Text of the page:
NCBI ROFL: Is that a subcutaneous larva or a hair?

By ncbi rofl | August 14, 2012 7:00 pm

Migrating hair: a case confused with cutaneous larva migrans.

“Pili migrans is an unusual skin condition in which a hair shaft migrates under the surface of the skin and mimics the parasitic infection, cutaneous larva migrans. If the migrating hair is located on the sole of the foot, it represents a foreign body from an exogenous source. We present a 3-year-old boy with bilateral pili migrans on the soles of his feet, acquired after running around in his socks while at his mother’s beauty salon. This case highlights a distinctive presentation of a foreign body penetration of the skin that can easily be confused for and should be differentiated from the parasitic disease, cutaneous larva migrans.”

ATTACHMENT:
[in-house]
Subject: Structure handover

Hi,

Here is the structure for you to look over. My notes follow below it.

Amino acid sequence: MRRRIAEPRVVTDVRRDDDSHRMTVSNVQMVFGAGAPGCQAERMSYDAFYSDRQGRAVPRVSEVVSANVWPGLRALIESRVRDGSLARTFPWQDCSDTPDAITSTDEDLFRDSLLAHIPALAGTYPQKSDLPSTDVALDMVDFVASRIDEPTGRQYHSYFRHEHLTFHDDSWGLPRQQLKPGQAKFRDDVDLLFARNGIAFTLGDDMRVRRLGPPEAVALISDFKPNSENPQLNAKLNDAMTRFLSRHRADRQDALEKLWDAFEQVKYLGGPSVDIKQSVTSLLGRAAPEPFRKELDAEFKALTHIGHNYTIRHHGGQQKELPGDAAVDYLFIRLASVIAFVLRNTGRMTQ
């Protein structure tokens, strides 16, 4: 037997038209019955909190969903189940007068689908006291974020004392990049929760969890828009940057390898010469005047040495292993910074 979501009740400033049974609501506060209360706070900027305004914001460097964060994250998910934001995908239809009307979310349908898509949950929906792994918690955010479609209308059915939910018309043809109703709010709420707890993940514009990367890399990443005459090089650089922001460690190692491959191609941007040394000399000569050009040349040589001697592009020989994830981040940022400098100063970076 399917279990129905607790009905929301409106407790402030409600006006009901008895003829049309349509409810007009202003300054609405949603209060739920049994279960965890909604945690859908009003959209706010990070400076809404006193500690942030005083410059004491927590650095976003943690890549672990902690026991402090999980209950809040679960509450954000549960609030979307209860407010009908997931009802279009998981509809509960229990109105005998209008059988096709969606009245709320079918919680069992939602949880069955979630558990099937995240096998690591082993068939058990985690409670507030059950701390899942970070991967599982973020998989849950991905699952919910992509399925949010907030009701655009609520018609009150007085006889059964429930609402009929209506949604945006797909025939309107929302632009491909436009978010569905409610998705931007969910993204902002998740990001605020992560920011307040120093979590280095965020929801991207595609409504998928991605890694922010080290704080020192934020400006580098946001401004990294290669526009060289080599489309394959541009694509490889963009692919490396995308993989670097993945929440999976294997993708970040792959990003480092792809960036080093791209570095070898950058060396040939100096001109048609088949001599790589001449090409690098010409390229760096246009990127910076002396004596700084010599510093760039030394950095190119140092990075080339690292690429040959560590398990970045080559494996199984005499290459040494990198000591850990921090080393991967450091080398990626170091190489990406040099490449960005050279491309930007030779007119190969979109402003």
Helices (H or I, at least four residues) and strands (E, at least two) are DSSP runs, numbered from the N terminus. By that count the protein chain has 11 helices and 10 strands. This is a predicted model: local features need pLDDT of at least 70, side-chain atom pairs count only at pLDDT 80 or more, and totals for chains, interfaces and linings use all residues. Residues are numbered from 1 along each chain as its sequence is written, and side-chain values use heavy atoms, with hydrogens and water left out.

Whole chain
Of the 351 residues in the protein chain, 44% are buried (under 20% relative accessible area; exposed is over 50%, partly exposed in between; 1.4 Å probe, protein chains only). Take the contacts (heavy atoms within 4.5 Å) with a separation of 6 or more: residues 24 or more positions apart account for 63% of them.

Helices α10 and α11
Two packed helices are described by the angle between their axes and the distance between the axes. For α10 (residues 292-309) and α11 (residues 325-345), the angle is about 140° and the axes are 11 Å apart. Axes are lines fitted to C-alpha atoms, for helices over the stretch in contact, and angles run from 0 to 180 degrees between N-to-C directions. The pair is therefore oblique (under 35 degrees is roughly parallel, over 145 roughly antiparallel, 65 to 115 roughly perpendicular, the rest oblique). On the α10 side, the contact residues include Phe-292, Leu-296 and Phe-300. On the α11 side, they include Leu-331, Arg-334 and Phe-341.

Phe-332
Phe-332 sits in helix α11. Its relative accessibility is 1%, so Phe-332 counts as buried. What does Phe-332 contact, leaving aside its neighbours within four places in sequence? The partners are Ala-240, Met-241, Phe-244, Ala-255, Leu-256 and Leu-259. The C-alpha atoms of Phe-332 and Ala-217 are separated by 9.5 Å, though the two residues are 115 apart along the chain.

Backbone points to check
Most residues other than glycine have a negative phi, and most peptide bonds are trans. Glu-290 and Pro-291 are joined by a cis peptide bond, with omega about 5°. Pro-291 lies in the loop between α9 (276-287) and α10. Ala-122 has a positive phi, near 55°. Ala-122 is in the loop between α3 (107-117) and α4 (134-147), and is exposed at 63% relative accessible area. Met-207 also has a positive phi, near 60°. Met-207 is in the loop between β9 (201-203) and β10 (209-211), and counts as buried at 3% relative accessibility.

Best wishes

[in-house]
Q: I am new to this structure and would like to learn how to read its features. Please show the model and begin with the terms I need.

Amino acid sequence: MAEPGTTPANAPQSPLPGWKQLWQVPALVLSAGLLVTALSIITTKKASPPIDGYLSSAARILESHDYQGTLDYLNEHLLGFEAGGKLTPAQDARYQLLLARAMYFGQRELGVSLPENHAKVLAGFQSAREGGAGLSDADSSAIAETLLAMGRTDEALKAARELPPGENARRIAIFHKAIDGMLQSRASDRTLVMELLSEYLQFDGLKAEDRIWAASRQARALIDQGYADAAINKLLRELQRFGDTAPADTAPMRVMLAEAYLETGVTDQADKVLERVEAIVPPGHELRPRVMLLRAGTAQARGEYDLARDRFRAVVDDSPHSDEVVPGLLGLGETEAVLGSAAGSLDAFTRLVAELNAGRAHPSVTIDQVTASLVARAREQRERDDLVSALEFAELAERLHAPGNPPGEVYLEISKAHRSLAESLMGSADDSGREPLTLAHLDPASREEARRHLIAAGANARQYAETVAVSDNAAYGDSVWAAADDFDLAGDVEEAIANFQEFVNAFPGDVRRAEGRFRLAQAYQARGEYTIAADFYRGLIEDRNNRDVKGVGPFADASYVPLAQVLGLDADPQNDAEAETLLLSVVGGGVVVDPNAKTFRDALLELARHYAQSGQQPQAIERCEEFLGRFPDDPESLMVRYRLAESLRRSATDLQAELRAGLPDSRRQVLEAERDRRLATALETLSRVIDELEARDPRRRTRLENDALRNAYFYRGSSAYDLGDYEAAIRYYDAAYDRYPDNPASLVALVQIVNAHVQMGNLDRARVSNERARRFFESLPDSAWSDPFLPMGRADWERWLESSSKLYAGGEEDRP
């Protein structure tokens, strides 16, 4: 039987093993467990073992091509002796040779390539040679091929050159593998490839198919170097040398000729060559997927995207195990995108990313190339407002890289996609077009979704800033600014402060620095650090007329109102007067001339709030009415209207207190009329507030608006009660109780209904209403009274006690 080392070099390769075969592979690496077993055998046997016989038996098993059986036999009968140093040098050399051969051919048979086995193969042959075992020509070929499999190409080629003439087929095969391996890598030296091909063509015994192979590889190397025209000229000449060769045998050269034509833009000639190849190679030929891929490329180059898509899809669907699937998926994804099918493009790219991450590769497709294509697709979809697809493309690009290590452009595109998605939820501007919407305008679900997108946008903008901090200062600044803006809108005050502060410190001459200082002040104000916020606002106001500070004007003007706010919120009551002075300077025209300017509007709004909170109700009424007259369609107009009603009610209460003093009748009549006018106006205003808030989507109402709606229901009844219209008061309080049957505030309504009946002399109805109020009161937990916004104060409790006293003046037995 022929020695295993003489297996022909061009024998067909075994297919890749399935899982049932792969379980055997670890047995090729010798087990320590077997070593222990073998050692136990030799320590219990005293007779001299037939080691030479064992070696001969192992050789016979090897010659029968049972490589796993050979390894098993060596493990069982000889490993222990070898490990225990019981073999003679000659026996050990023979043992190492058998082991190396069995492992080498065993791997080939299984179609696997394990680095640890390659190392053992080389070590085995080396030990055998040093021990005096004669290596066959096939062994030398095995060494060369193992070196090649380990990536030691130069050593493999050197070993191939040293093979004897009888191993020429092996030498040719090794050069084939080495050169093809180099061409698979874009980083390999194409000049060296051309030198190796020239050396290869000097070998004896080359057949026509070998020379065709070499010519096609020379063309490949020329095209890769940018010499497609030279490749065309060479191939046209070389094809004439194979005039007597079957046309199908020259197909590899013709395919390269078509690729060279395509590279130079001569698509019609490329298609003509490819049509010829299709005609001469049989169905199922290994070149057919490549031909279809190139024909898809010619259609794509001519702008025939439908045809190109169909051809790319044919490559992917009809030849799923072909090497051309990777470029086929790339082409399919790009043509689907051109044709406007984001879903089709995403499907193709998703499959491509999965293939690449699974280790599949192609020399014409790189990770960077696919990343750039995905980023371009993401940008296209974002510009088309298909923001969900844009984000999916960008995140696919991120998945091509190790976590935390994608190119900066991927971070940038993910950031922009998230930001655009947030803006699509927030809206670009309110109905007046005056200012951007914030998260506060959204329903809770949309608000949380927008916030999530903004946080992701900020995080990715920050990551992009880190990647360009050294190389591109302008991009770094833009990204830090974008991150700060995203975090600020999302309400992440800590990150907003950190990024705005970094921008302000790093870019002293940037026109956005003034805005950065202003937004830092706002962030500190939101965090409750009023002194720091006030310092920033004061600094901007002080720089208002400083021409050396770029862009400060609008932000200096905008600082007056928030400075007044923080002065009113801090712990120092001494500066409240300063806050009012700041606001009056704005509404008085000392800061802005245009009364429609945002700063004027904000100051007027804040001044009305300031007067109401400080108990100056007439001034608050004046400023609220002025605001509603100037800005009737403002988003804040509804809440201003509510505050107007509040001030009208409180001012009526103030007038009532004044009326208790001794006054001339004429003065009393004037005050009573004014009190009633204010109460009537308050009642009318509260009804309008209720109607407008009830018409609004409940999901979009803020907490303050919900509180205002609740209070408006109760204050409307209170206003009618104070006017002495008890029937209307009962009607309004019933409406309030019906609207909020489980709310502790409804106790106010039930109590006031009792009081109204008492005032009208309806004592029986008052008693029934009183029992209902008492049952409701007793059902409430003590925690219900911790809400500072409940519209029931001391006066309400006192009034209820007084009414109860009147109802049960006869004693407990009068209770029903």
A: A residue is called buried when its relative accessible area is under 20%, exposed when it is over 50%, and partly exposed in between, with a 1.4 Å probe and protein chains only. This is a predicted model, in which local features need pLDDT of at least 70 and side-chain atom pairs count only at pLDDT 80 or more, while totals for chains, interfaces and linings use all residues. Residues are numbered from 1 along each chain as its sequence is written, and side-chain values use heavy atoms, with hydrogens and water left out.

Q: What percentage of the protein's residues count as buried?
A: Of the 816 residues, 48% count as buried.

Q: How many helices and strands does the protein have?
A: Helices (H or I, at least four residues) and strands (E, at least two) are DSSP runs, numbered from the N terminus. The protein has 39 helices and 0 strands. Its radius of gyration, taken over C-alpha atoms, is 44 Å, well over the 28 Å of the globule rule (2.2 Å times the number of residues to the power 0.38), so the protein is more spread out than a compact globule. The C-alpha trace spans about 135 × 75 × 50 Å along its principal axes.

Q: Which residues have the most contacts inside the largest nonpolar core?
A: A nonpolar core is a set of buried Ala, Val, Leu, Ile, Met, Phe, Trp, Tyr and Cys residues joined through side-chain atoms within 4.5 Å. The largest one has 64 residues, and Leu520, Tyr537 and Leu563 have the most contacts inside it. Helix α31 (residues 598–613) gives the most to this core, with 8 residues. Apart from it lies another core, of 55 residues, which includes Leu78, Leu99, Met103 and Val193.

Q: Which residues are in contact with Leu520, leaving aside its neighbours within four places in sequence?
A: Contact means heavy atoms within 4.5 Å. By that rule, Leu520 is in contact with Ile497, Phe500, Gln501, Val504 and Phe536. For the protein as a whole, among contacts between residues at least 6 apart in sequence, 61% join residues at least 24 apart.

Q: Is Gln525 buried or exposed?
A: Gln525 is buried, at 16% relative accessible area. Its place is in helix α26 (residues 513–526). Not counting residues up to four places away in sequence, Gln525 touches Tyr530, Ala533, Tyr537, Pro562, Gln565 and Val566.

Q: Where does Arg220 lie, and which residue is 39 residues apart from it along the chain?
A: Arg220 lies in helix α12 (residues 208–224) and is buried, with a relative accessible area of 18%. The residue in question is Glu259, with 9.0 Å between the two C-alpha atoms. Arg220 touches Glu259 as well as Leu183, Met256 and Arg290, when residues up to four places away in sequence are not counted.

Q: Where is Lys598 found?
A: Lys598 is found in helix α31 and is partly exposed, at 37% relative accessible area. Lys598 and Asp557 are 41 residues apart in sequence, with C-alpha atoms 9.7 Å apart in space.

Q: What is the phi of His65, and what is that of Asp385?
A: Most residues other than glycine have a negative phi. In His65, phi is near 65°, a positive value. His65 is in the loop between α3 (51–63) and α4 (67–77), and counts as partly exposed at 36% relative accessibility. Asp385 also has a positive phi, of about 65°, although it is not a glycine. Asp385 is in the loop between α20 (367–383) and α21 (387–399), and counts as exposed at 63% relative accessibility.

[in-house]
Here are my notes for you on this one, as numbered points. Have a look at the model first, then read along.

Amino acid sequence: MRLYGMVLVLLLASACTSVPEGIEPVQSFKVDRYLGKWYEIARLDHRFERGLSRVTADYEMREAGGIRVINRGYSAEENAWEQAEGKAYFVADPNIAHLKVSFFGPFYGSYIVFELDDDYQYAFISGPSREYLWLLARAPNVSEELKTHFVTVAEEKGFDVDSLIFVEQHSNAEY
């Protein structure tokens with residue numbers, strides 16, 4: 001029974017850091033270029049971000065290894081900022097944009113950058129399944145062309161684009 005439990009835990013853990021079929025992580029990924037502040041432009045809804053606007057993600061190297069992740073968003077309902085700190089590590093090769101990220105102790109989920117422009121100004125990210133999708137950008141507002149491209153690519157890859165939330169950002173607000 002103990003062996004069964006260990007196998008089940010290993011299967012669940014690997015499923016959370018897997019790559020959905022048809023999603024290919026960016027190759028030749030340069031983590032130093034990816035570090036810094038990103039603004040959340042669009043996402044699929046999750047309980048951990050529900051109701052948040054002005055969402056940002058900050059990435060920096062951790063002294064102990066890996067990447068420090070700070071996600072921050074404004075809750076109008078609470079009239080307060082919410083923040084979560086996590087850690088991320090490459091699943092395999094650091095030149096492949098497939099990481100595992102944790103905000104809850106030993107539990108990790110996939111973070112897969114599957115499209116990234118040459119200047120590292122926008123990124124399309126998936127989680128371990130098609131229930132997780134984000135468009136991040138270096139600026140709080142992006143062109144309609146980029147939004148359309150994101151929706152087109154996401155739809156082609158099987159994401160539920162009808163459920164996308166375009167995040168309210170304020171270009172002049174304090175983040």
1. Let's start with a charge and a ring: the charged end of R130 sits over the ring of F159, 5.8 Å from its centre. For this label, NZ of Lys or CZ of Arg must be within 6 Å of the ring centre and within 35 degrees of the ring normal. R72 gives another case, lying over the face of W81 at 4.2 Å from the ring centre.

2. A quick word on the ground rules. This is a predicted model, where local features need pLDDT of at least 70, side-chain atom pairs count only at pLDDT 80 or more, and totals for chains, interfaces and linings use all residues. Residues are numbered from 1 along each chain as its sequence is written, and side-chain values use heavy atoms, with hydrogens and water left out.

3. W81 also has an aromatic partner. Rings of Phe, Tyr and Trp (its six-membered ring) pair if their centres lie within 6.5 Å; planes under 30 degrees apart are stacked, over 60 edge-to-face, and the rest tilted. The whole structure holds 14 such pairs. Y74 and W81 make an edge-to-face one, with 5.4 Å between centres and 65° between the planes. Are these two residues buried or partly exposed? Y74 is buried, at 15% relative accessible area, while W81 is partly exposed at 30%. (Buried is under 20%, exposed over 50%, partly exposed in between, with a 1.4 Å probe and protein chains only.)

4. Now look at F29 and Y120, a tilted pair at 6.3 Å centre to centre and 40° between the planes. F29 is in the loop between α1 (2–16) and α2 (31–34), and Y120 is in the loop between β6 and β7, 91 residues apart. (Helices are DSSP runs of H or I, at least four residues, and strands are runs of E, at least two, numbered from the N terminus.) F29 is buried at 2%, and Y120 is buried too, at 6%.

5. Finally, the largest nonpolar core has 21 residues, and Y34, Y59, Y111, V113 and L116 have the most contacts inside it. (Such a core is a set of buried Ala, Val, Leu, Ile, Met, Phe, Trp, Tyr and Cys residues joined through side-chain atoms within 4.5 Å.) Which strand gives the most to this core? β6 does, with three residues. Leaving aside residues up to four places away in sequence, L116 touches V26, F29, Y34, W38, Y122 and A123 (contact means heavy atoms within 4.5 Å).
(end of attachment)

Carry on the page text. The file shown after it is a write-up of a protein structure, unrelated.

Photo: flickr/quinn.anya

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NCBI ROFL is the brainchild of two Molecular and Cell Biology graduate students at UC Berkeley and features real research articles from the PubMed database (which is housed by the National Center for Biotechnology information, aka NCBI) that they find amusing (ROFL is a commonly-used internet acronym for "rolling on the floor, laughing"). Follow us on twitter: @ncbirofl

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